The human response to extraterrestrial life

November 27, 2019Atelier 210 Brussels
Extra Terrestrial
Doors open: 19:30
Start programme: 20:30
Atelier 210
Chaussée Saint-Pierre 210

For centuries, humankind has been intrigued by the potential existence of extraterrestrial life. To date, the existence of extraterrestrial life still remains in the realm of speculations as no scientific evidence has yet been found. Steered by the question (or is it the fear?) of humankind being alone in this immense Universe, the quest tirelessly continues.

What is the current scientific understanding on extra terrestrial live? Is humankind the contingent outcome of evolution? Can humankind transcend its own unique viewpoint, which allows them to interpret the observable universe, and recognize extraterrestrial life? And if we once succeed in getting in contact with our extraterrestrial neighbors, how would humankind react? Insights from psychology, sociology, anthropology, philosophy, and political sciences can yield a guiding principle to mapping the human response to extraterrestrial life, be it collective or as individuals.

Afterwards, smoking cocktails with out-of-this-world flavours at the bar and Kùzylarsen takes to the stage. The oud, electric bass, small electro-acoustic percussions, refined arrangements and a calm voice, Mathieu Kùzylarsen and his accomplice Alice Vande Voorde sing songs that tell us about the human conditions that resonate as unbearable, but also love and sensuality. The words are revealed slowly, in a high voice that always seems to seek, beyond the unbearable surface, a little of that oxygen that is missing so much.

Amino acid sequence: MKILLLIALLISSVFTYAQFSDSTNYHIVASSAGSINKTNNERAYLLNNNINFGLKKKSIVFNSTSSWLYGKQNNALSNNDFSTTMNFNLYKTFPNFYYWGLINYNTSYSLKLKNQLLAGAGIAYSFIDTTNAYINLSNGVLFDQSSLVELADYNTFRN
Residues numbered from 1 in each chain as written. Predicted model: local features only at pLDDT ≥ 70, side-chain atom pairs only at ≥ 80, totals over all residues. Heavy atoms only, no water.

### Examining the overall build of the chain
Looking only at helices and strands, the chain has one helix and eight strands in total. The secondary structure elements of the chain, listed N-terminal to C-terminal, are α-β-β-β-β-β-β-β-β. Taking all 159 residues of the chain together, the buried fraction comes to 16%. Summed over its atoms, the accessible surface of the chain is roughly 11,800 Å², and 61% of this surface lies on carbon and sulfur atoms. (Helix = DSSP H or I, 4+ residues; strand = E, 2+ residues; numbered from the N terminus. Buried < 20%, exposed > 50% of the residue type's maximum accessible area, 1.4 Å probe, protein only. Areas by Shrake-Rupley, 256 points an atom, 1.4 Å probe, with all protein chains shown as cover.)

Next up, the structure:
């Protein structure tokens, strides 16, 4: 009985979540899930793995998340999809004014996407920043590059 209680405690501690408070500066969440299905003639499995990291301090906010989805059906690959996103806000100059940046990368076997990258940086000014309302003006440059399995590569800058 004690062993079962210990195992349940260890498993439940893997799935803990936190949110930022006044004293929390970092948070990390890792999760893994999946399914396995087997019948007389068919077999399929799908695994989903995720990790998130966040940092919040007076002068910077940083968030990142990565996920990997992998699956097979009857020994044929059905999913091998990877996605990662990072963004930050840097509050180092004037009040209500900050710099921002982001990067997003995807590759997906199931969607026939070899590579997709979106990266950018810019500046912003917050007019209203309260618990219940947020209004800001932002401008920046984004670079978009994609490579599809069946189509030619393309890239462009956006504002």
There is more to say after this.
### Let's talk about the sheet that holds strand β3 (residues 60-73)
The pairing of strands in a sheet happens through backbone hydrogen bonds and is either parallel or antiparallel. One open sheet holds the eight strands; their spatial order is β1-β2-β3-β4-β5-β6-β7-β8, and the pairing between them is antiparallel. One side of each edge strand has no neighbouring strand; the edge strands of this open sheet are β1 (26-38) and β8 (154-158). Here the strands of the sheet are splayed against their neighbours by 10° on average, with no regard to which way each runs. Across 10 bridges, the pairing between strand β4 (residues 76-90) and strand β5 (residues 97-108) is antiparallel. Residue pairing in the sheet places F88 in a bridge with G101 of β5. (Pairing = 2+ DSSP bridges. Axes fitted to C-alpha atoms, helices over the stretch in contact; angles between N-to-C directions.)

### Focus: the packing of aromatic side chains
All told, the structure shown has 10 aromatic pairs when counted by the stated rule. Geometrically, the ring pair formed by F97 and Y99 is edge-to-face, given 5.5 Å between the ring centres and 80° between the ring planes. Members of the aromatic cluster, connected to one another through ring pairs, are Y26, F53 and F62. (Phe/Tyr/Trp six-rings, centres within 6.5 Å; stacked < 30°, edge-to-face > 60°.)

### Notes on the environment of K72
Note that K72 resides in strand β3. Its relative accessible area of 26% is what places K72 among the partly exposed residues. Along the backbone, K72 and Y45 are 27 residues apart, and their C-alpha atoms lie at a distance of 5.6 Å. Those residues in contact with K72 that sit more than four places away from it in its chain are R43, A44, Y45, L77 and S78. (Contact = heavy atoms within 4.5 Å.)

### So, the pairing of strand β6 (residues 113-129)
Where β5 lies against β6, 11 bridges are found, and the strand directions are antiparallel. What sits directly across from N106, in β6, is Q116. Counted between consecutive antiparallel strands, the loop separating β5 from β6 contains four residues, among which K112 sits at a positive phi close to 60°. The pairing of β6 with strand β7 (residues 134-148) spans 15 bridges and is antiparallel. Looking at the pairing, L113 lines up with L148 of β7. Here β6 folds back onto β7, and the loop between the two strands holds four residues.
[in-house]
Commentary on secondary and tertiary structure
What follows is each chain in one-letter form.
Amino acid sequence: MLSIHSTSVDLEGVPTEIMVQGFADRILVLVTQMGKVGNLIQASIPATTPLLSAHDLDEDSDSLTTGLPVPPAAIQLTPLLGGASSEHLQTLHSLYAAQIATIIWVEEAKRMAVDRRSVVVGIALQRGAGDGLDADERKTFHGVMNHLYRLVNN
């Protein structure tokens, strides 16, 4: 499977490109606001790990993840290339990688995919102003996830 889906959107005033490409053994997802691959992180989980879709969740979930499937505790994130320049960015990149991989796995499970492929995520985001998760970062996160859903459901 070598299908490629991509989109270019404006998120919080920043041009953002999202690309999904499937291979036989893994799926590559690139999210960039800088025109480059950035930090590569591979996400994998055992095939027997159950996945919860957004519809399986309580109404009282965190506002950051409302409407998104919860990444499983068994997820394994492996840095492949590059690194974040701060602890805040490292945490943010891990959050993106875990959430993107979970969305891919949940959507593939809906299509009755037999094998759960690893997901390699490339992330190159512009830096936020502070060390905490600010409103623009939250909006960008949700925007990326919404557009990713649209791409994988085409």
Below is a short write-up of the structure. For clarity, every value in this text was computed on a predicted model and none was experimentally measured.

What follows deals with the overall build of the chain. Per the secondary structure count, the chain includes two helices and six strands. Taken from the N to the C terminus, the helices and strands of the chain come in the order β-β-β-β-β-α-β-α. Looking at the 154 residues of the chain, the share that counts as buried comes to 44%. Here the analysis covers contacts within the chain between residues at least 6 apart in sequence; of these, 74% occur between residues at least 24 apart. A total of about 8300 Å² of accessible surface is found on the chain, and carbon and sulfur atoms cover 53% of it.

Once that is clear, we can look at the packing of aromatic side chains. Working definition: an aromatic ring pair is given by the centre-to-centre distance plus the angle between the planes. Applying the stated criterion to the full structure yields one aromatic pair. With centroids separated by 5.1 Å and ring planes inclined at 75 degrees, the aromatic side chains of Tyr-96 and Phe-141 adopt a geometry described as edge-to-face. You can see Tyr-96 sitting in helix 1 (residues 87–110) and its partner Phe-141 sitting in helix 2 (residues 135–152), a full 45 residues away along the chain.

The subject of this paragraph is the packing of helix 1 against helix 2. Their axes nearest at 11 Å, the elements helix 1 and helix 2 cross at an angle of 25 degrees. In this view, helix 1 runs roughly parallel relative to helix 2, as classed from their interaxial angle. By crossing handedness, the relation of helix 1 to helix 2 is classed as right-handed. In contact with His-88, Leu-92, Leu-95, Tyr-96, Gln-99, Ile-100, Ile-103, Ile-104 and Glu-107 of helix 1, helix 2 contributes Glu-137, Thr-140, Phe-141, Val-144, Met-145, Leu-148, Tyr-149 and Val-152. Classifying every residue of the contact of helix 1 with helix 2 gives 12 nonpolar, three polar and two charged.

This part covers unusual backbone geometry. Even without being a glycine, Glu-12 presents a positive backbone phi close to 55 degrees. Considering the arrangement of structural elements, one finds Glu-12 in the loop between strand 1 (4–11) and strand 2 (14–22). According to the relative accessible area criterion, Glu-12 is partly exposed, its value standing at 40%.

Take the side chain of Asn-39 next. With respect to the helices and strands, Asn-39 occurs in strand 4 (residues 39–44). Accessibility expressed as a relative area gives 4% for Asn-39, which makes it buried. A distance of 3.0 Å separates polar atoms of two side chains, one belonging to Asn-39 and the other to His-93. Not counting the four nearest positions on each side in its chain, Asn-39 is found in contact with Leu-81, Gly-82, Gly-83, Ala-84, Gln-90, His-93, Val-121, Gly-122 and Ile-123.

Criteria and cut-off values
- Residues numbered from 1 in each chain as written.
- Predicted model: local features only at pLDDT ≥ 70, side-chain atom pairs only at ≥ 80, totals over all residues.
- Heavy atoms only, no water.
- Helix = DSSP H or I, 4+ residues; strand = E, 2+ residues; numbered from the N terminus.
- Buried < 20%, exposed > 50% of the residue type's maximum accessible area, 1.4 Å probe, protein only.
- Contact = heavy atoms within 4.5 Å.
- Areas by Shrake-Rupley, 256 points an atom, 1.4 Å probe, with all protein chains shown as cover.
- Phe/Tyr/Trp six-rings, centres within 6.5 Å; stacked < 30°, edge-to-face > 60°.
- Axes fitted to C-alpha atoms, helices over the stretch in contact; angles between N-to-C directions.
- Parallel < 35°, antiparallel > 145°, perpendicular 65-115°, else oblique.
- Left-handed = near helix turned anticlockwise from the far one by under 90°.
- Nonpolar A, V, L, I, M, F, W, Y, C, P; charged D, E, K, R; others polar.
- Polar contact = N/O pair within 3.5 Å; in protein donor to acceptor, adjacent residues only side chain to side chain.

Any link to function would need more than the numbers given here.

Extra Terrestrial

Leen Decin

The human response to extraterrestrial life

What is a habitable exoplanet? How many are there? And where are all the aliens? Exoplanets can serve as a test for the universal laws of
biology. Could life have evolved on other planets as well? And what will happen when we find extraterrestrial life?

Talk by

Leen Decin

Leen Decin is professor in Astronomy at KU Leuven. She started an interdisciplinary research group focusing on climate systems for exoplanets and received the prestigious ERC consolidator grant in 2014. Since 2017 she is also affiliated to the School of Chemistry of the University of Leeds.


Music by


Kùzylarsen consists of Alice Vande Voorde on bass and Mathieu Kùzylarsen on the oud, a Middle Eastern lute. They play refined arrangements with small electro-acoustic percussions and a calm voice that anchor the spectators in an imaginary context, a peaceful Babylonian garden while the thunder rumbles in the distance.